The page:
Guy Ritchie’s The Man From U.N.C.L.E. is the latest attempt to re-purpose an old, practically forgotten TV show into a big screen adventure for modern audiences. The classic Cold War-era series (which ran from 1964 to 1968) was about an American and Russian secret agent working together to stop global threats. Ritchie wisely keeps this movie adaptation remained firmly planted in its generational roots, which ends up being its greatest strength and the best reason to see it.
Set at the height of the Cold War, The Man from U.N.C.L.E. stars Henry Cavill as Napoleon Solo, a swindler-turned-CIA-agent who must team up with KGB agent Illya Kuryakin (Armie Hammer) and East German mechanic Gaby Teller (Alicia Vikander). Their mission: to stop the extraordinarily wealthy Victoria Vinciguerra (Elizabeth Debecki) from executing a potentially world-destroying plot involving easily-manufactured nuclear weapons. If this sounds like a plot taken from any of a thousand 1960s TV shows or movies – from Get Smart to Mission: Impossible to The Avengers (the Emma Peel/John Steed one)– it’s because it probably is. And the movie is all the better for it. The Man from U.N.C.L.E. is a 1960’s throwback in the best possible way.
Despite his proclivity towards excess, Ritchie manages to reel in some of his worst tendencies. While all of his films give the sense that he’s trying too hard to be cool, this is the one that comes across as the most effortless. Perhaps it’s because of its psychedelic 1960’s setting which is inherently cool, unlike say Victorian-era England. Ritchie (and the rest of the behind the scenes crew) have a seemingly palpable appreciation for this era. Their adaptation of this period/genre eschews an Austin Powers-esque irony in favor of respective recreation, from the clothing to the extravagant jewelry. Even his action sequences are rather relaxed – a major relief from the overlong, explosion-fueled mayhem of modern blockbusters.
Unfortunately, some of Ritchie’s other habits still shine through. He still has a penchant for set pieces that toe the line between moving the plot along and padding – fun sequences that enable the characters to get from Point A to Point B that nevertheless feel unnecessary. In most of Ritchie’s earlier movies (e.g. Snatch and Lock, Stock and Two Smoking Barrels), these moments never seemed out of place because the films were essentially over-the-top ensemble pieces, and of all the Tarantino-“tribute” artists of the late 1990s/early 2000s, he populated his films with the most colorful characters of the lot. Audiences cared less about how each piece contributed to the story and more about seeing actors like Brad Pitt and Jason Statham owning the screen. Ritchie’s Hollywood films (this one, as well as his two Sherlock Holmes films) still have these moments but the secondary characters lack the over-the-top qualities that make them truly memorable.
Yet to give credit where credit is due, the sojourns in The Man from U.N.C.L.E. are never particularly bothersome because the entire cast is uniformly quite good. Current Superman Henry Cavill shows a likeability missing from his portrayal of the Man of Steel as he mixes a cocky charm with a polite playfulness. (Not to mention his strange but strangely amusing “All American” voice with the enunciation that’s reminiscent of Phil Hartman). Armie Hammer, the Batman who never was, also has fun as a slightly dim-witted Russian superman (no pun intended). Notably, he actually works well in a partner role when not contending with an actor who is annoyingly – embarrassingly so – compelled to steal the spotlight in the most dreadful manner possible. Ex Machina‘s Alicia Vikander is similarly treated as virtually an equal to her two male leads and has a rougher edge that makes her something more than an “U.N.C.L.E. Girl.” Finally, The Great Gatsby scene stealer Elizabeth Debicki properly chews the scenery as an old-school villain who uses her sex appeal as much as her wits. Most crucially, they all have a fine chemistry playing against and off with one another.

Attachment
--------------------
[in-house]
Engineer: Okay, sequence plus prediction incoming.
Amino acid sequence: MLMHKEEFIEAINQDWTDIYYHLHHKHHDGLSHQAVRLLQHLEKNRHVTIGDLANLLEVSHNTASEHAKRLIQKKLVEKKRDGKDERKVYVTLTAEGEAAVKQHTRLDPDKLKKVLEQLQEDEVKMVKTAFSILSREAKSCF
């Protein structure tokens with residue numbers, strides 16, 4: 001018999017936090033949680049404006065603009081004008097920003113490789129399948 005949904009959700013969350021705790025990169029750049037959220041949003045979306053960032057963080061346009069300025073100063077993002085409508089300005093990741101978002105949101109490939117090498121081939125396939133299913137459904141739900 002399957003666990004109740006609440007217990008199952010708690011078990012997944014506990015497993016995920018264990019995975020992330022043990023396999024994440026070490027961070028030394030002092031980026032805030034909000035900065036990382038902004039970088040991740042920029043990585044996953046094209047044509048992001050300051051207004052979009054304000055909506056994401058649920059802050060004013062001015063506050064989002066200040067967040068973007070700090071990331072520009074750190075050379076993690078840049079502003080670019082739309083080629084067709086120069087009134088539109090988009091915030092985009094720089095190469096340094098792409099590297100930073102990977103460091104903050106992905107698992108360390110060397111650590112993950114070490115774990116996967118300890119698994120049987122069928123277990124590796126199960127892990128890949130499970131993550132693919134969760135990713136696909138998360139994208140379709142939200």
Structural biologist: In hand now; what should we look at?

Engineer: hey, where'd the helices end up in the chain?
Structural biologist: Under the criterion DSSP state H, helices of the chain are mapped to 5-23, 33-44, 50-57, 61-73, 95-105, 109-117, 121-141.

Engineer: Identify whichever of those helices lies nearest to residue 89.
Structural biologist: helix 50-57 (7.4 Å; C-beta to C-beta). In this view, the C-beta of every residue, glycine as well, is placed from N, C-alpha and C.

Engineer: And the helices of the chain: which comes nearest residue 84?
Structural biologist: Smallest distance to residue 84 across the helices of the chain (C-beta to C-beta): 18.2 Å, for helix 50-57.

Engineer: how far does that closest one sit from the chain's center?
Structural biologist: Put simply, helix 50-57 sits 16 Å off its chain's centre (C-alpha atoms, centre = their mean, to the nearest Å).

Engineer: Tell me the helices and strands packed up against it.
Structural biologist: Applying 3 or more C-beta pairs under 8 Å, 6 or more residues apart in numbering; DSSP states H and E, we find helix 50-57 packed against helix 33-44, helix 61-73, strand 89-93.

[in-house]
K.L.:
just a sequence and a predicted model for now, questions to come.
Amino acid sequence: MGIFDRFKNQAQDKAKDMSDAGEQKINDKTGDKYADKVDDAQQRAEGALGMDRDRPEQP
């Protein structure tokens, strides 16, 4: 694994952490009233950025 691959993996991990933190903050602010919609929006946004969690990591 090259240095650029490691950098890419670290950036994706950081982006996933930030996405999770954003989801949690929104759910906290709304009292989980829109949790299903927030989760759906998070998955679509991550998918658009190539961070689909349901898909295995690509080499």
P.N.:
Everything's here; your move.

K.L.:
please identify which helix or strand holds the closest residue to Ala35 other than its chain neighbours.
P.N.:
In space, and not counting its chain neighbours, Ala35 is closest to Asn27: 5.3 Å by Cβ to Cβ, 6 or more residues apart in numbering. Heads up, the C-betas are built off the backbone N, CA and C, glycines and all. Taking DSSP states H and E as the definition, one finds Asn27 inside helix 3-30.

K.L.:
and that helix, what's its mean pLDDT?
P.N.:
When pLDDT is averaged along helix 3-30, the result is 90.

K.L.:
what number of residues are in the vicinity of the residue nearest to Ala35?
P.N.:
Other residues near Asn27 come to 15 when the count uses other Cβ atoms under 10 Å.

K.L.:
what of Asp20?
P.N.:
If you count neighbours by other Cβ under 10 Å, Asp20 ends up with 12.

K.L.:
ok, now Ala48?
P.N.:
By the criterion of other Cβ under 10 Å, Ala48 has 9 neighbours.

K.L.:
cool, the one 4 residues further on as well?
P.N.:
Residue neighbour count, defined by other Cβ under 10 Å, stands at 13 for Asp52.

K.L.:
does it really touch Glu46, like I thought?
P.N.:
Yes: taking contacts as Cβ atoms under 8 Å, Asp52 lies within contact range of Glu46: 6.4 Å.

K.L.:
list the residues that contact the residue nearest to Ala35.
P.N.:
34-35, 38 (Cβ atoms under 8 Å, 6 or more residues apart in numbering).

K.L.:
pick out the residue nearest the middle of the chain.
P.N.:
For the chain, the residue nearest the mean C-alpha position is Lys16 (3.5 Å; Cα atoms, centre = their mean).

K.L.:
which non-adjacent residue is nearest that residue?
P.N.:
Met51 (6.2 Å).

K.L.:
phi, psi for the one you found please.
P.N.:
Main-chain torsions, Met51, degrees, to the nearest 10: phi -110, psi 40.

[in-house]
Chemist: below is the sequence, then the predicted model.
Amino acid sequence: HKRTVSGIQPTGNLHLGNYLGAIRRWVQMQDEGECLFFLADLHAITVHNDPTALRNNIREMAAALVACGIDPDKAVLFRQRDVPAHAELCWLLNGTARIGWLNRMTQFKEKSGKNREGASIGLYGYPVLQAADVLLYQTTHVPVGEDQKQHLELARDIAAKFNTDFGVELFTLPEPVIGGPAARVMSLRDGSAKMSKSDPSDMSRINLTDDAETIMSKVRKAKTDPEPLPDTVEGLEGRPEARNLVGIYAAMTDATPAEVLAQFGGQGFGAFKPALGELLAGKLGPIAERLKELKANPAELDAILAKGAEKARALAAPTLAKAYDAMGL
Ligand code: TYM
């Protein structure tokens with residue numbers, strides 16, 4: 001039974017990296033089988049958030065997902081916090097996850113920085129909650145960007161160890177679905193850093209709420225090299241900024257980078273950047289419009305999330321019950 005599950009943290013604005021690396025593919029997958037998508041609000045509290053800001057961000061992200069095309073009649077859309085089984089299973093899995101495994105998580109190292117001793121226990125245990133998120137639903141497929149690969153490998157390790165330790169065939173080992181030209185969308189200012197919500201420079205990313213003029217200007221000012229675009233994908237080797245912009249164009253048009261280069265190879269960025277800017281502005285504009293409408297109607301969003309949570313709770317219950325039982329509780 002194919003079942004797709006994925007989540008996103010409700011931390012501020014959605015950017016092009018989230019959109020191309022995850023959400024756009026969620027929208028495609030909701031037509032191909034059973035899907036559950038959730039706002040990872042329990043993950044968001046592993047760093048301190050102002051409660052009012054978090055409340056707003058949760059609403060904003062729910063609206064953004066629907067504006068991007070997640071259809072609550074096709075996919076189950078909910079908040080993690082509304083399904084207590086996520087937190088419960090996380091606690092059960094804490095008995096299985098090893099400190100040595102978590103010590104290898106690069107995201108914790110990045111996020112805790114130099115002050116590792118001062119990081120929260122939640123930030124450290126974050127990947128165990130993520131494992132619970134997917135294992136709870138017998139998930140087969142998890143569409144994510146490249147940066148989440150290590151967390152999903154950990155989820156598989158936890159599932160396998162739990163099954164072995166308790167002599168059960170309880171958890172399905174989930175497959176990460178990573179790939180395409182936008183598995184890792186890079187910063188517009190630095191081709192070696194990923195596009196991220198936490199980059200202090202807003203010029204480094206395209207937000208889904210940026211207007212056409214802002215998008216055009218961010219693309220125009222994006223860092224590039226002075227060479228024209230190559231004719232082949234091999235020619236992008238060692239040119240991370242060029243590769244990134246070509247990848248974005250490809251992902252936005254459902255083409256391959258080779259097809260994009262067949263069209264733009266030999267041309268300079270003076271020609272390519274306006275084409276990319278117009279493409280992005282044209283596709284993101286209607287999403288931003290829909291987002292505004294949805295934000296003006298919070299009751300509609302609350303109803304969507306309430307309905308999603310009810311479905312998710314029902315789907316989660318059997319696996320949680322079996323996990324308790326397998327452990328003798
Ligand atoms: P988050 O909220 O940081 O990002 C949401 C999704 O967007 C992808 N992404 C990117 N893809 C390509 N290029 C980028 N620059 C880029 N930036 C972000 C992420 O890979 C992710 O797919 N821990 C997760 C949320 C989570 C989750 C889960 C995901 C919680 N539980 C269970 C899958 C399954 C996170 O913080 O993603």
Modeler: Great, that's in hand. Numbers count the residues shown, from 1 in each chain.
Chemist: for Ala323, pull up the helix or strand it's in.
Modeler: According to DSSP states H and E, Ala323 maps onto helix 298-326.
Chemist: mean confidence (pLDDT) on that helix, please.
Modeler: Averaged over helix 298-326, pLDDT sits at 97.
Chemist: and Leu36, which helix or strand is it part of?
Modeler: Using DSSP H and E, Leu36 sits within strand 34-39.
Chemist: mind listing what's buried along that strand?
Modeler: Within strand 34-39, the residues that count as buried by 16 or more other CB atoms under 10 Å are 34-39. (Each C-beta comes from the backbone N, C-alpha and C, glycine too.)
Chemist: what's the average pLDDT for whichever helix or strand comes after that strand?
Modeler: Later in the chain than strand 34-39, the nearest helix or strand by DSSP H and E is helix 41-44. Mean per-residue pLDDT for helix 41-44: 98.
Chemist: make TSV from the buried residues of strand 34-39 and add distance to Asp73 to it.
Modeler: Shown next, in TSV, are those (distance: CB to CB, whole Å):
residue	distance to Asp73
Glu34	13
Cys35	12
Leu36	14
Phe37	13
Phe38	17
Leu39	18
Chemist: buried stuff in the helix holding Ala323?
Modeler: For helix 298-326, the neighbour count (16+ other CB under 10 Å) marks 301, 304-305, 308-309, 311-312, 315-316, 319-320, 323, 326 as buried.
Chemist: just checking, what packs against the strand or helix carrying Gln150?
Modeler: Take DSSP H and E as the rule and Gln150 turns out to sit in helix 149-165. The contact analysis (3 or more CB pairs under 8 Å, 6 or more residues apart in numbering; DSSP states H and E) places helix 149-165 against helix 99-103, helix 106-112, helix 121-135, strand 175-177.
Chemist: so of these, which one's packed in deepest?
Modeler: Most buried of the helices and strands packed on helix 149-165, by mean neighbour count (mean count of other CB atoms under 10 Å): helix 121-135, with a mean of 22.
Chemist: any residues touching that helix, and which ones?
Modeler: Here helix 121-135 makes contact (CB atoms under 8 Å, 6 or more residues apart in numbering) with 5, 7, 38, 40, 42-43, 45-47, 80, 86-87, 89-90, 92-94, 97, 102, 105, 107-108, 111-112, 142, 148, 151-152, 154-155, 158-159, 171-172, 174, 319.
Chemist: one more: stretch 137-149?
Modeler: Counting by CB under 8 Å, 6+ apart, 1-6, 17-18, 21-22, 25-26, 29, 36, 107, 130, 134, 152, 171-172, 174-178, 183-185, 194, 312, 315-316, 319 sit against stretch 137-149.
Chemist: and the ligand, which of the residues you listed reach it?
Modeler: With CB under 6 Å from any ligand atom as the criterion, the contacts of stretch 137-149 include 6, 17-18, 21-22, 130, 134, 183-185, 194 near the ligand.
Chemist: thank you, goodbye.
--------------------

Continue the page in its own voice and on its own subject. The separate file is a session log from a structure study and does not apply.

Yet probably the biggest compliment I can pay to The Man From U.N.C.L.E. is that it’s a genuinely successful attempt to re-create a Connery-era James Bond movie. The simple, easy-to-follow plot, the toned down action, the megalomaniac villain, the easy-going witticisms/wry humor and the basic look of the film all do a fantastic job harkening back to this earlier time. A period when spy-action films could be pleasantly goofy without being stupid and these films were not compelled to be so relentlessly broody that they’re virtually joyless … not that that’s always a bad thing.
Verdict: 3 out of 5
The Man from U.N.C.L.E. is a good movie – good cast, good chemistry, good style, good action – but it’s just good. While it’s unfair to criticize a movie for not being exceptional, it also doesn’t rise to the level of “must see,” especially when contending with fellow spy film (and dominant brand) Mission: Impossible – Rogue Nation. That being said, The Man from U.N.C.L.E. definitely has a lot of potential as a super-stylish, Mission: Impossible-lite type franchise featuring fun, stand-alone adventures with a cast that’s fun to watch. While it probably won’t be box office gold, hopefully, it will find enough of a life on cable to warrant a sequel.